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I was born and raised in Europe, and I live in a European country. But I do possess a dual citizenship (with a Hong Kong ID card and Chinese return home permit). I plan on going to China for a month this summer for a scholarship. Will I need to get a visa or will my Chinese return home permit suffice? Do I need to be careful with anything?

  • Are you going to the mainland? You definitely can't get a visa as a Chinese citizen, but the document requirements do depend on where you're going – Crazydre Jun 6 '18 at 16:56
  • @Coke Hi, yes I am going to mainland China. Are you sure I can't get a visa? I've been told I can either go enter with visa or with my return home permit. But if I choose to enter with my return home permit, I will be classified as a Chinese citizen and law will apply to me as such. If I enter with a visa, I am regarded as a foreigner instead. My issue is just that I don't know all the details this permit grants me or limits me to. – Babyburger Jun 6 '18 at 20:11
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    China doesn't recognise dual citizenship at all. So you must enter as a Chinese. If your citizenship wasn't derived from Hong Kong, however, you'd in fact no longer be a Chinese citizen and would Need a visa. – Crazydre Jun 6 '18 at 20:15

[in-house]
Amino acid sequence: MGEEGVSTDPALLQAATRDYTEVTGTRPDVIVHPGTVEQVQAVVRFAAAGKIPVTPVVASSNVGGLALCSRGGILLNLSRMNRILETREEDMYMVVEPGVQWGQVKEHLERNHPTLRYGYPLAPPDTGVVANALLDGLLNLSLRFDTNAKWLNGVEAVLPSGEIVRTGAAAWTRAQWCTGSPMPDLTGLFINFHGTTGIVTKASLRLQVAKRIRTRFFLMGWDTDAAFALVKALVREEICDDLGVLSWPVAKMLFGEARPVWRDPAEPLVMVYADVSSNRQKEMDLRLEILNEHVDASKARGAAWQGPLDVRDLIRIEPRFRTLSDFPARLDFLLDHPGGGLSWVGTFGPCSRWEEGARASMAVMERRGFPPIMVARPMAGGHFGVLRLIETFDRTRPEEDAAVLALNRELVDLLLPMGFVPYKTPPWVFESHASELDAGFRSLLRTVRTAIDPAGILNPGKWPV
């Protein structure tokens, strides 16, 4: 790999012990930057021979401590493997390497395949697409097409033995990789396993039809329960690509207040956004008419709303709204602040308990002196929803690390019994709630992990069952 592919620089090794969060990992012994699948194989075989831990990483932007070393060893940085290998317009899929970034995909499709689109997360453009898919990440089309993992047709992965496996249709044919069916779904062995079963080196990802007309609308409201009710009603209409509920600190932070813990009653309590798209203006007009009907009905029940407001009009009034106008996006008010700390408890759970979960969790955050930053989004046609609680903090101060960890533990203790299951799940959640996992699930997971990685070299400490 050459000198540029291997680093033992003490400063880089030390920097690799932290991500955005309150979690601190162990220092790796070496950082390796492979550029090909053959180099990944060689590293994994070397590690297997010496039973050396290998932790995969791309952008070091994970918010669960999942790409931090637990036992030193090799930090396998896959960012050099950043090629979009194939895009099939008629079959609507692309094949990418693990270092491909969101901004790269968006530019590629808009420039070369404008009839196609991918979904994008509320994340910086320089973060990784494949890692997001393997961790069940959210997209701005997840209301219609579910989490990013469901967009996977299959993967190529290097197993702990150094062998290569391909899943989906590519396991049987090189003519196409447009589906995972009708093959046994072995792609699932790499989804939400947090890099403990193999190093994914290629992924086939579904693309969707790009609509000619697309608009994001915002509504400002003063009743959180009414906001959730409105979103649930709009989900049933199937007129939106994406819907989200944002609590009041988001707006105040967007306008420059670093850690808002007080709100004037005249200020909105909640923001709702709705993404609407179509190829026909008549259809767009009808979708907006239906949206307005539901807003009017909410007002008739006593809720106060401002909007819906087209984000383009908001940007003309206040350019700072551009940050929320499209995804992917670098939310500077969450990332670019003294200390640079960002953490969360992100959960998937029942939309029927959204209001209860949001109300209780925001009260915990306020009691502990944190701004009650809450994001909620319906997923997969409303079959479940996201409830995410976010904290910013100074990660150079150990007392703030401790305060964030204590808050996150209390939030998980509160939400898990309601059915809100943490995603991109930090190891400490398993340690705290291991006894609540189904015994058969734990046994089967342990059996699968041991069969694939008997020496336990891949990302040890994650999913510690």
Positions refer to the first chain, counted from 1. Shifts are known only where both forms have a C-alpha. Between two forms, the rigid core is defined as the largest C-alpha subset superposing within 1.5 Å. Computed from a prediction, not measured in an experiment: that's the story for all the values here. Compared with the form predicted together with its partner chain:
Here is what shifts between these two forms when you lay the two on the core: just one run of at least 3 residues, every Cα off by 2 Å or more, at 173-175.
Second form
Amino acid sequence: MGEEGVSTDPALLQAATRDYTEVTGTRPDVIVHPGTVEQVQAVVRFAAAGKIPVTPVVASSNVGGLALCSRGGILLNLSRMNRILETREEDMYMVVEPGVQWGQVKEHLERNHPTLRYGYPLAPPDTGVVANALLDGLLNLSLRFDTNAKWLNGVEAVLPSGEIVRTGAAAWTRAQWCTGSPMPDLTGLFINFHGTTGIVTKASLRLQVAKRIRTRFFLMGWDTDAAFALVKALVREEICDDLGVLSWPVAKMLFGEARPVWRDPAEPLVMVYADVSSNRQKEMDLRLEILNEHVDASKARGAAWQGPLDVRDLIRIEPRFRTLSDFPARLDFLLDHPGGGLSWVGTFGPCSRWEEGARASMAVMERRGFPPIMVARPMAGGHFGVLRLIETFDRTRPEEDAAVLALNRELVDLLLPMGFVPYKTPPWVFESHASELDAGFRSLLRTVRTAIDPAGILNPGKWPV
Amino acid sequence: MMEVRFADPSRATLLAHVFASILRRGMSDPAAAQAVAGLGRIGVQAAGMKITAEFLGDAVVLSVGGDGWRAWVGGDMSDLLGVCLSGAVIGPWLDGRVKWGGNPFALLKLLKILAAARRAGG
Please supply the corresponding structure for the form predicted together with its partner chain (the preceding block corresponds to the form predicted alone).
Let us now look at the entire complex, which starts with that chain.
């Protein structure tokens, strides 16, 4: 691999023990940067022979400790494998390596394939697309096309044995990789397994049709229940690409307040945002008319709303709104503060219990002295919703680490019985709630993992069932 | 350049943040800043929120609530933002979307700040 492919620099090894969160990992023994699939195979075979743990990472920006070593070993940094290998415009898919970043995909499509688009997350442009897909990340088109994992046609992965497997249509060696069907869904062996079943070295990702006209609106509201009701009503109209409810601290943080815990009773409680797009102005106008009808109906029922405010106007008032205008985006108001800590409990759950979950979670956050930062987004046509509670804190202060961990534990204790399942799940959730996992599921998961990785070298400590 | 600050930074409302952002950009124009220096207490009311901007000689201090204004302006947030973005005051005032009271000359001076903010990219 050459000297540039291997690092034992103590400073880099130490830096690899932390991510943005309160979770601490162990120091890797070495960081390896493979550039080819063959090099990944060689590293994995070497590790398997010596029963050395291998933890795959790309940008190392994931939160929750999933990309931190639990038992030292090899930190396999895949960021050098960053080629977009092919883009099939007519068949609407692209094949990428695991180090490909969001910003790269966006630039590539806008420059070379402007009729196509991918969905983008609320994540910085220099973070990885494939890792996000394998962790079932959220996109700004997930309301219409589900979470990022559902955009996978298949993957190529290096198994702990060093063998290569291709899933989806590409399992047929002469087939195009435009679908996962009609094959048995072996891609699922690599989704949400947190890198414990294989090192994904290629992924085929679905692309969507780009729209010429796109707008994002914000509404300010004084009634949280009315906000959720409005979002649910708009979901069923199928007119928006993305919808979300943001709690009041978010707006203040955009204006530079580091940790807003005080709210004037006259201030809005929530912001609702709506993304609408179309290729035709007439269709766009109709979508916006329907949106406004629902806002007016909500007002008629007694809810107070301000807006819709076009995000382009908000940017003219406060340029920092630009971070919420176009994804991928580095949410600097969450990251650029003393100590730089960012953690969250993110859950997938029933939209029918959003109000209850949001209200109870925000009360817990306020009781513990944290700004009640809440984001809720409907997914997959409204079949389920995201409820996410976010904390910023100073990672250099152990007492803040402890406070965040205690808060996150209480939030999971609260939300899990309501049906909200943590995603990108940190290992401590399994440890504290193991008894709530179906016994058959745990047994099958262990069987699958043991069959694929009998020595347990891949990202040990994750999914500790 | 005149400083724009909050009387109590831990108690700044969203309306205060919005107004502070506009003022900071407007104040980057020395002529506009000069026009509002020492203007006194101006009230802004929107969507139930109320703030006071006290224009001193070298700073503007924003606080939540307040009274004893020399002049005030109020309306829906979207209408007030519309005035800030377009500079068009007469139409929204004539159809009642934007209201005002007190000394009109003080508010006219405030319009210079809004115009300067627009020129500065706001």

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    @Babyburger I don't know Chinese law, but most countries' laws do not make any distinction based on the document used to enter the country, at least for most purposes. A UK citizen who enters the UK with a foreign passport and visa is still a UK citizen and would not be "regarded as a foreigner" except to the extent that the UK citizenship is not revealed. – phoog Jun 6 '18 at 21:24
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Per TIMATIC, the database used by airlines, you need either an Exit & Entry permit, Chinese Travel Document or Mainland Travel Permit for Hong Kong and Macao Residents to enter mainland China

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No, you can NOT enter the mainland of China as a foreigner if you are a Chinese citizen. Chinese nationality law is complicated because it applies differently in the mainland and in HK/Macao. I'll try to explain.

The 1980 Nationality Law applies in every part of PRC, and dual nationality is de jure forbidden in the PRC. If you are a Chinese citizen born with dual nationality, you must renounce your other citizenship (or Chinese citizenship) when you reach the age of 18.

However, since you are born to a PRC citizen who happens also to be a Hong Kong permanent resident, the law applies differently to you. The enforcement agencies in the mainland and HK interpret the law differently. In practice, Hong Kong permanent residents with dual nationality are not stripped of their Chinese citizenship unless they personally request so. So, while no one will ask you to renounce your other citizenship, your dual nationality will not be recognized in China.